Remember the Milk is a deceptively simple web application that lets you manage tasks. The power lies in the ability to manage my tasks from where ever I am. I can add tasks from my Blackberry with a simple SMS or email. I can create a task by forwarding an email to RTM. I can access all of my lists on my Blackberry with a mobile interface. Now by combining Twitter and Quicksilver – the ultimate Mac productivity tool – I can send a task right from Quicksilver with a few key strokes.
The blog at Baron VC links to a script called “tweet”. Unfortunately the instructions for using the script on the Baron VC blog are lacking some details to get the script working correctly.
Set Up Twitter
Connect with RTM
Once your Twitter account is set up, you will need to set up the RTM Twitter Service. RTM will generate a character sequence that will validate your account for use with Twitter. You can go to your twitter page to send a direct message with the number from RTM.
Keychain Access to Your Twitter Account
Once that is done, if you don’t already have an entry for your Twitter account in your Keychain, you will want to manually add one by opening Keychain Access and adding a new password item. The name should be http://twitter.com. Fill out the user name and password with your twitter username and password and save it.
Get the Script
Download the script from Baron VC or copy and paste it from the blog of its originator, codahale. Put the script into the ~\Library\Application Support\Quicksilver\Actions folder. If the folder doesn’t exist, create it. Quit and restart Quicksilver (Cmd+Ctrl+Q).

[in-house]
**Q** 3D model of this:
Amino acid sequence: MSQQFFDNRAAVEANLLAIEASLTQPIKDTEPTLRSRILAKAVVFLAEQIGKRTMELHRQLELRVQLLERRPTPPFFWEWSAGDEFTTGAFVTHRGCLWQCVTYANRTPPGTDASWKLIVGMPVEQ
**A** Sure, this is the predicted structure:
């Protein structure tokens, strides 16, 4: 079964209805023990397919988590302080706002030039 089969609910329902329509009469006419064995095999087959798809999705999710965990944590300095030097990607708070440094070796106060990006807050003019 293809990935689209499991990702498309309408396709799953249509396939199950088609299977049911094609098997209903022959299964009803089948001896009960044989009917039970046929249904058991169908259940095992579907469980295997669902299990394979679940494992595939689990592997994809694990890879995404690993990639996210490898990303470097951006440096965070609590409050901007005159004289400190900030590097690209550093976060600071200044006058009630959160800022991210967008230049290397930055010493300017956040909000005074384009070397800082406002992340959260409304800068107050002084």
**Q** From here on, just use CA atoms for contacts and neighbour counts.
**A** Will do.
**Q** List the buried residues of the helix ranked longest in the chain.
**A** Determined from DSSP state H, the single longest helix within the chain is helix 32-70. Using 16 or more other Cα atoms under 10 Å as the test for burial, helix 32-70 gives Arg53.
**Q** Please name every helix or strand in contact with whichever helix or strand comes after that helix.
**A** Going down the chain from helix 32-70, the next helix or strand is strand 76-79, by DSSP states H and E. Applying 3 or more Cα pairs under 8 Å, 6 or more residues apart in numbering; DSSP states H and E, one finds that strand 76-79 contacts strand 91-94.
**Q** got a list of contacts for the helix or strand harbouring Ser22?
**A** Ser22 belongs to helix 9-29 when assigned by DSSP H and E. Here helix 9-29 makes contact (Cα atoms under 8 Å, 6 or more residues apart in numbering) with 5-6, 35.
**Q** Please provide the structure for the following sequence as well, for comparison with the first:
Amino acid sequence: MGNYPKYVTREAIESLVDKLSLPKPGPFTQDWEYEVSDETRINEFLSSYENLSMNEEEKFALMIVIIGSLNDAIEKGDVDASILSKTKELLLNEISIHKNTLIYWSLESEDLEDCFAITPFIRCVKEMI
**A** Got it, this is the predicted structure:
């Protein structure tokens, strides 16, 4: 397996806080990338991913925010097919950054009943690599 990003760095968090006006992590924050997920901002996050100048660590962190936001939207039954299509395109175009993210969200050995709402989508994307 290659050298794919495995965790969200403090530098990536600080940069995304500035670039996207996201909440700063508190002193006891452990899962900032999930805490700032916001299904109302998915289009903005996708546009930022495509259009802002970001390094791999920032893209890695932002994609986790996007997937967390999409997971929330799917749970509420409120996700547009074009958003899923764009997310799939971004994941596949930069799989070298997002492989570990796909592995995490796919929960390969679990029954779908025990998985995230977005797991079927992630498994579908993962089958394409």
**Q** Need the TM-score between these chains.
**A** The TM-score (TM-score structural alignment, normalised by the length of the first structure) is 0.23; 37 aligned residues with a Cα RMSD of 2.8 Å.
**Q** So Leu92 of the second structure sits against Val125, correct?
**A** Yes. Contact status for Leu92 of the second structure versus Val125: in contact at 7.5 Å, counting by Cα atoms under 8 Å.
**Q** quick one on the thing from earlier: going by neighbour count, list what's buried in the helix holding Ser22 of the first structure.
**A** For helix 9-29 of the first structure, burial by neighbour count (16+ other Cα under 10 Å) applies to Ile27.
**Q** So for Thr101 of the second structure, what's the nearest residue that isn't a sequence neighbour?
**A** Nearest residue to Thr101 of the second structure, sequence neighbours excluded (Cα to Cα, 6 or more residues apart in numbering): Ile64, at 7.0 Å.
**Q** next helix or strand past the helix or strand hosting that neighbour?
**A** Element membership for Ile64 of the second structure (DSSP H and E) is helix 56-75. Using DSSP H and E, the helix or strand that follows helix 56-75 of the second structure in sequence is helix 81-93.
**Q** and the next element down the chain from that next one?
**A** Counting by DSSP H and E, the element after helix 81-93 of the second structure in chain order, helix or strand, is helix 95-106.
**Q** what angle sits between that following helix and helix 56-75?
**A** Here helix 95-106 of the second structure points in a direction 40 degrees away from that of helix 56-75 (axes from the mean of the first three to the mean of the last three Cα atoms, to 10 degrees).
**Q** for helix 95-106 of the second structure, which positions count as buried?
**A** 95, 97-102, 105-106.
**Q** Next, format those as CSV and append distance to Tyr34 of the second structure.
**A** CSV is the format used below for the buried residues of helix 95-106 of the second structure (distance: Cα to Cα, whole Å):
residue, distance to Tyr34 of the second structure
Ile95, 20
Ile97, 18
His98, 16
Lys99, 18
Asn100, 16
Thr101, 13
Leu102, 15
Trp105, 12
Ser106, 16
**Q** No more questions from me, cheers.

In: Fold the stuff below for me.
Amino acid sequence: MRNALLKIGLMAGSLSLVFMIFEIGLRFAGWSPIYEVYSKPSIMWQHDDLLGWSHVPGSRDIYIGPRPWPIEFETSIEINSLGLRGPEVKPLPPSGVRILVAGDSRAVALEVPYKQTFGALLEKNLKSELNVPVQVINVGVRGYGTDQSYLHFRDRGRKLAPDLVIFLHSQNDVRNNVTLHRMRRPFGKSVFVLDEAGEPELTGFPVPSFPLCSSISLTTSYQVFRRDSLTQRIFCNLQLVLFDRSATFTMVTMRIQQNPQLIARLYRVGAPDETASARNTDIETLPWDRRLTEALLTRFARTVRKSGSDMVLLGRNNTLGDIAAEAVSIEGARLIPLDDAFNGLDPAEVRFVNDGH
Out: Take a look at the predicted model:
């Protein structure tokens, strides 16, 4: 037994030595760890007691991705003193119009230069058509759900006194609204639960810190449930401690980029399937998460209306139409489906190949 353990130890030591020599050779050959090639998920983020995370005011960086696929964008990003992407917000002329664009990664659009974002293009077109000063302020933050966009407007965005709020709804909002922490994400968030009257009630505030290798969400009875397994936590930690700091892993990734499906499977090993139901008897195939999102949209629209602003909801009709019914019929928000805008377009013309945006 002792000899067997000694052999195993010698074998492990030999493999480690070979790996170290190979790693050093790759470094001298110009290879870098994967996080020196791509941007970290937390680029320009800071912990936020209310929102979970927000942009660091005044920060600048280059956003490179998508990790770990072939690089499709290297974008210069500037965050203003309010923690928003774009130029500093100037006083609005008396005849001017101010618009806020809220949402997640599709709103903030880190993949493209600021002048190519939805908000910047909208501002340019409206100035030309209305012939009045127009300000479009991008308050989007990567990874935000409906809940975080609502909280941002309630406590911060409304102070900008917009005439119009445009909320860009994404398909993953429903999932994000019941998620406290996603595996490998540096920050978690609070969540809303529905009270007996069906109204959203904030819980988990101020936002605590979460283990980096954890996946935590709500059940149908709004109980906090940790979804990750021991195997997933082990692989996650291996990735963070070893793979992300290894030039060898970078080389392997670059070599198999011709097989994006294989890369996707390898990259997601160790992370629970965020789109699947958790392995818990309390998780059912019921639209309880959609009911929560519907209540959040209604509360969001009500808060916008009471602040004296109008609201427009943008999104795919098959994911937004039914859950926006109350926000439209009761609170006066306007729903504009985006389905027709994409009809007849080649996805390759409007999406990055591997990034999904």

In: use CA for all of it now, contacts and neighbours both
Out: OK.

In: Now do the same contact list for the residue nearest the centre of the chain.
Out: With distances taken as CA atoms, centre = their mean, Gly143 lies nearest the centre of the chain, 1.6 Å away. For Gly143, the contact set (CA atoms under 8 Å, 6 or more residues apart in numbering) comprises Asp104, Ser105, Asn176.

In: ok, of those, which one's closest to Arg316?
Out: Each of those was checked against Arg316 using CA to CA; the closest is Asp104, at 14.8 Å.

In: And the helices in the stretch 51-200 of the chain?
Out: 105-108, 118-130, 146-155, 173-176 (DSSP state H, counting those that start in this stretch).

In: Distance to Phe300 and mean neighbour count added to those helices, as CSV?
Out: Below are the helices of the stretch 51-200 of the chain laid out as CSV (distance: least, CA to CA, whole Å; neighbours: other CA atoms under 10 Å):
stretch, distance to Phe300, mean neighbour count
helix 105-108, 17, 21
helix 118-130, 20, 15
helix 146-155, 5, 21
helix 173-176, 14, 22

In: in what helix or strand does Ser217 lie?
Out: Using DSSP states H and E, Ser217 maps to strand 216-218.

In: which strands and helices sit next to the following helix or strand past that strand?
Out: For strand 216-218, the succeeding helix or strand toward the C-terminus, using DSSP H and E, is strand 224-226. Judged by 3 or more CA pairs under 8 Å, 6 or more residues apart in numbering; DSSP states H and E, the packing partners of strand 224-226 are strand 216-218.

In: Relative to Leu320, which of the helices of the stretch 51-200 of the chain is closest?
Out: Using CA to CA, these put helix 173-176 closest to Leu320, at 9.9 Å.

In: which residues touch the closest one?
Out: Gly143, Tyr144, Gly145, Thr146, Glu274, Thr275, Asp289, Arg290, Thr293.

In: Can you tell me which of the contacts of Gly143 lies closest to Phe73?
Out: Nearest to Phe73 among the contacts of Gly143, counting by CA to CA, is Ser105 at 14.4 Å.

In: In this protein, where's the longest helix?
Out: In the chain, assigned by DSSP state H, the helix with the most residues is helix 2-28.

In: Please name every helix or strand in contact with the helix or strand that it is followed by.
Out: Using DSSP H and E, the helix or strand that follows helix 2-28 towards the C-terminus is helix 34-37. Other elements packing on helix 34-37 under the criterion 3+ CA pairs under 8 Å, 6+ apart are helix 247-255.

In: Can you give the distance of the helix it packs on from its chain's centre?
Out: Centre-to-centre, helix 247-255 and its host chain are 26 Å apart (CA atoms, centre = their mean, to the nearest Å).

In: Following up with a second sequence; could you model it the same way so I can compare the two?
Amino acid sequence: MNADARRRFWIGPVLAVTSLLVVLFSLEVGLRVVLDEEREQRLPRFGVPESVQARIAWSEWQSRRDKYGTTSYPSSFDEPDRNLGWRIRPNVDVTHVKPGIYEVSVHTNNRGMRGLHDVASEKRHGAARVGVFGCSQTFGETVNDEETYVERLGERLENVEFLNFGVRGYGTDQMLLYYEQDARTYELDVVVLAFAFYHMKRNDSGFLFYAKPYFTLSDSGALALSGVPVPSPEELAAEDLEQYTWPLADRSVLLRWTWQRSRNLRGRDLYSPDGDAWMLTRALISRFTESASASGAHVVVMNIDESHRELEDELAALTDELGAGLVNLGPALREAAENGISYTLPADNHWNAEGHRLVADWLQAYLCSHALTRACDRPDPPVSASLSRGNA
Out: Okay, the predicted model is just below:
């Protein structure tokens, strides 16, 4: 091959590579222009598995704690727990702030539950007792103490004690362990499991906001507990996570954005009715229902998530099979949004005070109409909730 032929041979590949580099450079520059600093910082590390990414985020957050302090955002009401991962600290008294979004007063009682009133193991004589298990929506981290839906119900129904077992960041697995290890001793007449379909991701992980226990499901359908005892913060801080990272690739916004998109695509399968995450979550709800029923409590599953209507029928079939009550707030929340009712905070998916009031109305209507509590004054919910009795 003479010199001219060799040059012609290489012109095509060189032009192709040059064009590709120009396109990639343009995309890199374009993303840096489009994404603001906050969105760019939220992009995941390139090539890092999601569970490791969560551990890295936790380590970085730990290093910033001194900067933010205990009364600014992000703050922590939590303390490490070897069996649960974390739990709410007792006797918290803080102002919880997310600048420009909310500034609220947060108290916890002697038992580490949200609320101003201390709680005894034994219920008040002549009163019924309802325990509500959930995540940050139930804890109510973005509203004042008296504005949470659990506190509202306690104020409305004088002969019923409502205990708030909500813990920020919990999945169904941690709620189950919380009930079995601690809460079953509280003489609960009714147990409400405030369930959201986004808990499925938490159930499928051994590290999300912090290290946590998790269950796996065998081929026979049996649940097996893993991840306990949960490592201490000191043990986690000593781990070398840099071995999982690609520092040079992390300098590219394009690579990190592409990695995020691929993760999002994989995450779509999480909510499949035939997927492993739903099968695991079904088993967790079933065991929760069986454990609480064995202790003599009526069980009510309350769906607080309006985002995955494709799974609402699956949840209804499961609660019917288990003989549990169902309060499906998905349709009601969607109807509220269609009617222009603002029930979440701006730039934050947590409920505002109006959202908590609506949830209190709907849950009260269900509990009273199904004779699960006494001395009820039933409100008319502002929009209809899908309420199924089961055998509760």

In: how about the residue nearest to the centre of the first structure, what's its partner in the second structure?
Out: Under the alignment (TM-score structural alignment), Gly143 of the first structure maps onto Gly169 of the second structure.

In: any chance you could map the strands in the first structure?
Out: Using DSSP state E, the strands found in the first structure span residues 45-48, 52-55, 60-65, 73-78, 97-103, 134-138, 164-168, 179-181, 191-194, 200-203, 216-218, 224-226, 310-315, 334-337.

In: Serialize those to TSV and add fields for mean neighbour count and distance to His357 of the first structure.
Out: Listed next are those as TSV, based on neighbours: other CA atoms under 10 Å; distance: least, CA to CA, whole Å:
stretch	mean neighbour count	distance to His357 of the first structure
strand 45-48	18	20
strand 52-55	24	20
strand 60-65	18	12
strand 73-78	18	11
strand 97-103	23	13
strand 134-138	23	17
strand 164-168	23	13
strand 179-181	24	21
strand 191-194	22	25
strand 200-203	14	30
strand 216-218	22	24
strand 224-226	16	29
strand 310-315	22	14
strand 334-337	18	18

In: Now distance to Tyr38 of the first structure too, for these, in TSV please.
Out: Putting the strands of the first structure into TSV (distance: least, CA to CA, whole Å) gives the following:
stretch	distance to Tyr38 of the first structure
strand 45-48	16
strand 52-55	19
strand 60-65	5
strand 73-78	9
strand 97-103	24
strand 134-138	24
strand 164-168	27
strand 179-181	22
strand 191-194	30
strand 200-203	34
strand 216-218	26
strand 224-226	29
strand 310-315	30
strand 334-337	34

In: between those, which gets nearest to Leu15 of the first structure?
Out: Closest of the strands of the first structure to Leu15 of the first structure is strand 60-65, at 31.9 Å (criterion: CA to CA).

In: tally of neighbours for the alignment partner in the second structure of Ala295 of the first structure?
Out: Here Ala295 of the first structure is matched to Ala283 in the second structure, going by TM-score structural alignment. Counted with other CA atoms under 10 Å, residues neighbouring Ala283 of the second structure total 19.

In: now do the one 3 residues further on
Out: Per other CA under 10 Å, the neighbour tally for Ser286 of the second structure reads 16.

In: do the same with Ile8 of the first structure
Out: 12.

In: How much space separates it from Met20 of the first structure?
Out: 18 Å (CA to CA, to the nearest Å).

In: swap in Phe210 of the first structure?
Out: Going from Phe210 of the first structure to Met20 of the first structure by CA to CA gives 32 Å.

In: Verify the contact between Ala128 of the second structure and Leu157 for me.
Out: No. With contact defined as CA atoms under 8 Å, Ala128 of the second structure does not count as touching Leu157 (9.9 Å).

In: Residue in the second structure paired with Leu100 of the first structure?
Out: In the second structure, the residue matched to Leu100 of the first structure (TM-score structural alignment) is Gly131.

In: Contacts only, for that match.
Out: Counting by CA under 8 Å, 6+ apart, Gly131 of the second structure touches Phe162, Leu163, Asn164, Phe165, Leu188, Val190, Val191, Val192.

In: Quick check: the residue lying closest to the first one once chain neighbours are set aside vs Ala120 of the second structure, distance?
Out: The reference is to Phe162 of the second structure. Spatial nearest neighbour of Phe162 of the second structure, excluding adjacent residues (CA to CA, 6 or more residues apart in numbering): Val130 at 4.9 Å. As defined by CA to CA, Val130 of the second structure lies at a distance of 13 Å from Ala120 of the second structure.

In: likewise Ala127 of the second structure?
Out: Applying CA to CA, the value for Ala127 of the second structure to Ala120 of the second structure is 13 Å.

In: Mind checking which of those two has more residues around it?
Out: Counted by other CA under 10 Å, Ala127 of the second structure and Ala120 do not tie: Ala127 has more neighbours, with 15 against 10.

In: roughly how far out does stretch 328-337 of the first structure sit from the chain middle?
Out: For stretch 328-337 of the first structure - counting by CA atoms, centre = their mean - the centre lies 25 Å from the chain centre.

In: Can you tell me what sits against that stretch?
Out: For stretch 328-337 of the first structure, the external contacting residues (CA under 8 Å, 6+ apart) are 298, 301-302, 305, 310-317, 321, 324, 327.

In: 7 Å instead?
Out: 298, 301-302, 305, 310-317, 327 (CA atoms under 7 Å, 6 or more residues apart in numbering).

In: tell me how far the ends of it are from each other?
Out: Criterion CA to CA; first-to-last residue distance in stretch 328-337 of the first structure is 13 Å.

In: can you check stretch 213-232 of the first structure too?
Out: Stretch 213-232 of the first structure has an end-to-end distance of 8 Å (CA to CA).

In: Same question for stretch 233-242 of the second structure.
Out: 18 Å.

Sending Tasks from Quicksilver
To send direct messages to Twitter from Quicksilver, activate Quicksilver, press the period key. Type d rtm and then your task information. Hit the Tab key and type as much of “Tweet” as you need to until tweet.scpt pops up in Quicksilver. Press Enter and your task is on its way to your RTM Inbox.
There is much more that can be done with Twitter and direct messages. See the instructions at the RTM Twitter Service page.
Of iTunes, Audible, and Podcasts September 1, 2006Posted by judismith in Interoperability, iPod, iTunes, Macintosh OS X.
Audible.com is this really cool service that lets you purchase and download audio books as well as some subscription material. Since I have an hour commute each way to work, Audible, my iPod and of course my indispensable DLO Transpod, help me make that time productive. Hey it’s better than yacking on the cell phone.
Anyway, I got my new iPod Video, 30GB and wanted to try out Audible content. I got an offer for a free month. One of the things that I subscribed to was the NY Times Audio Edition. I read the Wall Street Journal but don’t have time for the Times. So iPod and Audible on my way to work was my answer.
I subscribed to the NY Time Audio edition at Audible, and then clicked the “Podcast It” button which boasts one-click integration with iTunes. I checked in iTunes and sure enough it was there.